> the Kraken and even the Seven Headed Beast of the
> Apocalypse. I asked her, out of curiosity, “This all
> sounds /great/, Victoria, but what makes all of you think
> such a creature inspired belief in these monsters?”

I hadn't read more than a couple of sentences before I began
paging down to see how looooong this paragraph was. The
first sentence is good at grabbing attention -- but perhaps
it works too hard at it. The reader should be saying,
"that's interesting" rather than "that got my attention".

Also, the attention-grabber, "hell", should be in the
emphatic position: As I sank, I thought I was headed for
hell. (Or one could put "hell" into a short, separate
sentence, then wax poetic about the Mediterranean.)

Putting "I continued" into the very first sentence may be
taking in media res a bit too far.

The sharp change of tone in the second sentence clearly
signals: "Okay, now that I have your attention, I'm going
to embark on a ten-page infodump."

(There's a tendency to widen "infodump" to include
informative exposition. I continue to reserve "infodump"
for the kind of exposition that makes the reader feel as
though a bucket of data has been emptied over his head.
Note that most of the dumped data goes everywhere *except*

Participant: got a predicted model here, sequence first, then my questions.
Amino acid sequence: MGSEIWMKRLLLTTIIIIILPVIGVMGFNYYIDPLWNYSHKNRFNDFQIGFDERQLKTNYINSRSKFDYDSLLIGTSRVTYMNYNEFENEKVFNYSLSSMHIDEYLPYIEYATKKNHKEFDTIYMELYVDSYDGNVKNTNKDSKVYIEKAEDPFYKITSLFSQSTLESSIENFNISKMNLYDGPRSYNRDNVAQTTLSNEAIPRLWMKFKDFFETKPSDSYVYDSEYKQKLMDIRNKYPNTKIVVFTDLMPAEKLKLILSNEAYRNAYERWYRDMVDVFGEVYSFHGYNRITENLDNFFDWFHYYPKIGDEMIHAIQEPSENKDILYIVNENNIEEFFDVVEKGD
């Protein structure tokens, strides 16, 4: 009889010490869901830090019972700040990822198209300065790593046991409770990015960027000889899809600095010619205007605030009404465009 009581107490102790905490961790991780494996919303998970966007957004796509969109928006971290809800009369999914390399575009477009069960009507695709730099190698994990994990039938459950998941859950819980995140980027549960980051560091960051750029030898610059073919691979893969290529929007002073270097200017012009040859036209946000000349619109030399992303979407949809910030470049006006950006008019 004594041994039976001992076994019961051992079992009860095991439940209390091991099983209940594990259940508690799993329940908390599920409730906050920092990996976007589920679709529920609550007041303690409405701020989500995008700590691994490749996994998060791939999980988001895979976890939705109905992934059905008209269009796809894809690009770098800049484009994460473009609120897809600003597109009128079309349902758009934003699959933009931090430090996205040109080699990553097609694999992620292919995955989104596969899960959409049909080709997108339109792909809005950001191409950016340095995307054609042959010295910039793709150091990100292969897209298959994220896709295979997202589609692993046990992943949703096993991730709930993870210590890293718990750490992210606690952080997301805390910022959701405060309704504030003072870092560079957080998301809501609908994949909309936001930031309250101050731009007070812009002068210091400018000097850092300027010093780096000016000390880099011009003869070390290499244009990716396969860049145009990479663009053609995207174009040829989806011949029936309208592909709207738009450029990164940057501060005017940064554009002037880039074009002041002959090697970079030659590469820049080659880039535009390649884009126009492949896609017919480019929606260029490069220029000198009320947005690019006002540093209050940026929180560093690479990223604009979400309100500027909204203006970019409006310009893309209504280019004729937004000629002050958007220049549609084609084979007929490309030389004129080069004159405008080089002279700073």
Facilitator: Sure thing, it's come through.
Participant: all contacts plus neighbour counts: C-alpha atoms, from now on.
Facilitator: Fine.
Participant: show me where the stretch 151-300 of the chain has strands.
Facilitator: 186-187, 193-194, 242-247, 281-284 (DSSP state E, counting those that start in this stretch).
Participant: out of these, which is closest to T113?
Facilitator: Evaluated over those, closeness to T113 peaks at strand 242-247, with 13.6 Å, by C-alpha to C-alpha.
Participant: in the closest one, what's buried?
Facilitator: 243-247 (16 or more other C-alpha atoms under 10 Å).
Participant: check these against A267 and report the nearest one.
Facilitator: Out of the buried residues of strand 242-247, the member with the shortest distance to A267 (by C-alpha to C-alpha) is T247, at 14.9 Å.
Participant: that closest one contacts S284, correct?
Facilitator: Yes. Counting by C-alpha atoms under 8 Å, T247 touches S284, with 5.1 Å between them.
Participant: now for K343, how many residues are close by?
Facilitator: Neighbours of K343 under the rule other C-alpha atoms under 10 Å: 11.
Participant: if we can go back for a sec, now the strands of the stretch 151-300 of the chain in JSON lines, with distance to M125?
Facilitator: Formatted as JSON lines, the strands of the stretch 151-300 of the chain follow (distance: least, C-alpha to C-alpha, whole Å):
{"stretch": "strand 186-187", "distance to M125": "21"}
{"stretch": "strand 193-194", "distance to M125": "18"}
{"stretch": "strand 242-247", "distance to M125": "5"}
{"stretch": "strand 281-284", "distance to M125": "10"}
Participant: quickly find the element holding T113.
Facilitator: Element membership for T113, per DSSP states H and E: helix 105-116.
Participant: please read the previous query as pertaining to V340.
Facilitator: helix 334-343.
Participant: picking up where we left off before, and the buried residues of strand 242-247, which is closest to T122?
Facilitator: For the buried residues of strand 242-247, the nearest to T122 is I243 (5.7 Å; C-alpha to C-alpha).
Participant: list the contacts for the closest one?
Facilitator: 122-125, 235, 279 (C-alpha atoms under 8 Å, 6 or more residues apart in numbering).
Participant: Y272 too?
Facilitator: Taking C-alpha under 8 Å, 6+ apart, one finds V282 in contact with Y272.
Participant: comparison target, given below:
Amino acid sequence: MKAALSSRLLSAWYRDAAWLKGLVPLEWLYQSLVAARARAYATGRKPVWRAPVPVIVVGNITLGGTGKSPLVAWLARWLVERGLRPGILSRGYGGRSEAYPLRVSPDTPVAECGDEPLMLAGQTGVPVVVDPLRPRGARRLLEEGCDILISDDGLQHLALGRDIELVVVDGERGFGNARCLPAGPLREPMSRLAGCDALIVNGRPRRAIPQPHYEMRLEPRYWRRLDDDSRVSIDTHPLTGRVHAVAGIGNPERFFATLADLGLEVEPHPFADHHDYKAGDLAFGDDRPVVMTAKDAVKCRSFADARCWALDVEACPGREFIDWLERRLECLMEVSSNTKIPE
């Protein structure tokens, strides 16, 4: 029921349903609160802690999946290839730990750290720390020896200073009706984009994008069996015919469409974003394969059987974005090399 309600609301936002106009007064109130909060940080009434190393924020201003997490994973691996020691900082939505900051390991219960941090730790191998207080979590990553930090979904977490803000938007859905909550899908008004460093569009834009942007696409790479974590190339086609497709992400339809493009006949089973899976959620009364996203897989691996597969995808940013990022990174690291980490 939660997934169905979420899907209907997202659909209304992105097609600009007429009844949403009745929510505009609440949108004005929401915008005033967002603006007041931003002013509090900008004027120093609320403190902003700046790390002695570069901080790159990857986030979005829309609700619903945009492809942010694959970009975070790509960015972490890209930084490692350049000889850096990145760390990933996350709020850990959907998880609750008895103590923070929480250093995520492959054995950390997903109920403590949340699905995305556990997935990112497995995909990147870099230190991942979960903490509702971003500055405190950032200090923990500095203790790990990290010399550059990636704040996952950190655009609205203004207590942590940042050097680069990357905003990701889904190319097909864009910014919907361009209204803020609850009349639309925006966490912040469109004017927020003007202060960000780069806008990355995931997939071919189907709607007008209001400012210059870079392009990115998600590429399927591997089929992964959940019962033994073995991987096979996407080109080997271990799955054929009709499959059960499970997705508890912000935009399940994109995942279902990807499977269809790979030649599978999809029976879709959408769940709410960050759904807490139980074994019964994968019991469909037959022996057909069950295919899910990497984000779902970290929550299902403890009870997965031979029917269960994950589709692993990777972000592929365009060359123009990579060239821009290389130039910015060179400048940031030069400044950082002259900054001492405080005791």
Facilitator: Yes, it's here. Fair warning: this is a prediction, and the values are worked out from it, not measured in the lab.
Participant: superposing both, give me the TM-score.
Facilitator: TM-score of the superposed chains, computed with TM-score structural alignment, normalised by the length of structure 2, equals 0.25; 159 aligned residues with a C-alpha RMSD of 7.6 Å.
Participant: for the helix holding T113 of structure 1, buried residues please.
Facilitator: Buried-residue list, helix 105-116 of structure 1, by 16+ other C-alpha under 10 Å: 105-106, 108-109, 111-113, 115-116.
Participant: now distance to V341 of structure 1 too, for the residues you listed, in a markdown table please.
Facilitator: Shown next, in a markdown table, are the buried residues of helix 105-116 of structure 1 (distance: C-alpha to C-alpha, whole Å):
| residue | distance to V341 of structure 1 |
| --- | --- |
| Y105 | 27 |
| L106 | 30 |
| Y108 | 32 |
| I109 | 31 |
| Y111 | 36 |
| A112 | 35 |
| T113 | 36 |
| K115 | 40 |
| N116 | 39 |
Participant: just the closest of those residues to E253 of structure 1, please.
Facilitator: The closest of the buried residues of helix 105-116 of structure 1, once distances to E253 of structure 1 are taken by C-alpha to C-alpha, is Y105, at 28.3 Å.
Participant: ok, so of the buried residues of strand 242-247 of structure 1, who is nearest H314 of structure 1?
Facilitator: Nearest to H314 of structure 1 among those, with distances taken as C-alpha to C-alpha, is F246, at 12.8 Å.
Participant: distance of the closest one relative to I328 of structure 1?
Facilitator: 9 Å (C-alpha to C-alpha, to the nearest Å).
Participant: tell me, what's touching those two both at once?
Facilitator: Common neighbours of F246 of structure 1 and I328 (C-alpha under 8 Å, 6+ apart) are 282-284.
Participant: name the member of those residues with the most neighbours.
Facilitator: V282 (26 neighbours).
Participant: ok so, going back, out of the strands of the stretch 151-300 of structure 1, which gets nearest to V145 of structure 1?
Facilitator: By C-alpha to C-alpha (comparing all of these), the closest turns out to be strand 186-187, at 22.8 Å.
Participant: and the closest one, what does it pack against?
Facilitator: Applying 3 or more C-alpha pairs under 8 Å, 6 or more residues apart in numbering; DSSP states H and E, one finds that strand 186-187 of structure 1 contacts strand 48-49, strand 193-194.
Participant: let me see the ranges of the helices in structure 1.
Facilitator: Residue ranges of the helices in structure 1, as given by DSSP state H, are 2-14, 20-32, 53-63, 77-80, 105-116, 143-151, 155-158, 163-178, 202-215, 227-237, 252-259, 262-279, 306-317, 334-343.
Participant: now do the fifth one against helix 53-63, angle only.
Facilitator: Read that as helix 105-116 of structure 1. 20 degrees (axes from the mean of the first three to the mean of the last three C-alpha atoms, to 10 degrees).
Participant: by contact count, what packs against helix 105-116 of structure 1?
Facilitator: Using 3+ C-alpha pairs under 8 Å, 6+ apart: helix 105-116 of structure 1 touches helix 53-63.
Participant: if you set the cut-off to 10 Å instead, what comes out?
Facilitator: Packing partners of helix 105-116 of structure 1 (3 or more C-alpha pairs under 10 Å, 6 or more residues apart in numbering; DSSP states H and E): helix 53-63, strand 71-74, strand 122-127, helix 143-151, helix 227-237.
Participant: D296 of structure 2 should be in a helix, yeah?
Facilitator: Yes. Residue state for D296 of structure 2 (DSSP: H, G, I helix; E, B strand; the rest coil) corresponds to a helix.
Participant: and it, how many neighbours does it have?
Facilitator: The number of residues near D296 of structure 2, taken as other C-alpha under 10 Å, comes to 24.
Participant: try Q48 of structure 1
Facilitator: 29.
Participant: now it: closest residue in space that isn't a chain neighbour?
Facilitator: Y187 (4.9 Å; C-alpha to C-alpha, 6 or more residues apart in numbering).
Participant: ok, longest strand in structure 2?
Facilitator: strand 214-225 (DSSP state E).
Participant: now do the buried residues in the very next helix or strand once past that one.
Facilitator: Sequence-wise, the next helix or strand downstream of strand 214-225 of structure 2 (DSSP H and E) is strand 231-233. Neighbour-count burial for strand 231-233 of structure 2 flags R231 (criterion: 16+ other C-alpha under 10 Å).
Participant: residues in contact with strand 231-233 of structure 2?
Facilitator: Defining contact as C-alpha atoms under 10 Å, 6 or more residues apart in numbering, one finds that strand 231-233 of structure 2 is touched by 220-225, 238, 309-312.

into the head!)

"My colleague and three" or "my colleague and three other" would read smoother than "my colleague along with". If you want "along with" in order to place the emphasis on "my colleague", the "along with" phrase should be set off with commas.

Oops, it's bing-bing, bing. I'll read the rest of the paragraph after church. (Long after, as napping and pizza and the after-supper walk will occupy me until 6:30 or 7:00)

> The phone was silent for several seconds. Finally,
> sounding stunned, she said, “Harry, you are a
> /professional /scholar now; you need to pay attention to
> the news a lot more. Don’t you know what’s been happening
> to ships in that part of the Mediterranean for the past
> month?” I told her I did not, because I rarely ever
> watch, read, or even listen to the news. I am a fanatic
> of mythology. I will only read or watch _anything_ that
> I know ahead of time has to do with the subject whether
> it’s in a book, journal, popular magazine, film or
> television documentary. I am not being sarcastic: I will
> even watch tabloid news show episodes that deal with
> some aspect of mythology. I do not read, watch or listen
> to regular news because too much of it is about _today_,
> in which society today does not emphasize mythology
> enough. Dr. Diakoumopoulos filled me in, saying, “That
> part of the Mediterranean has had the disappearance of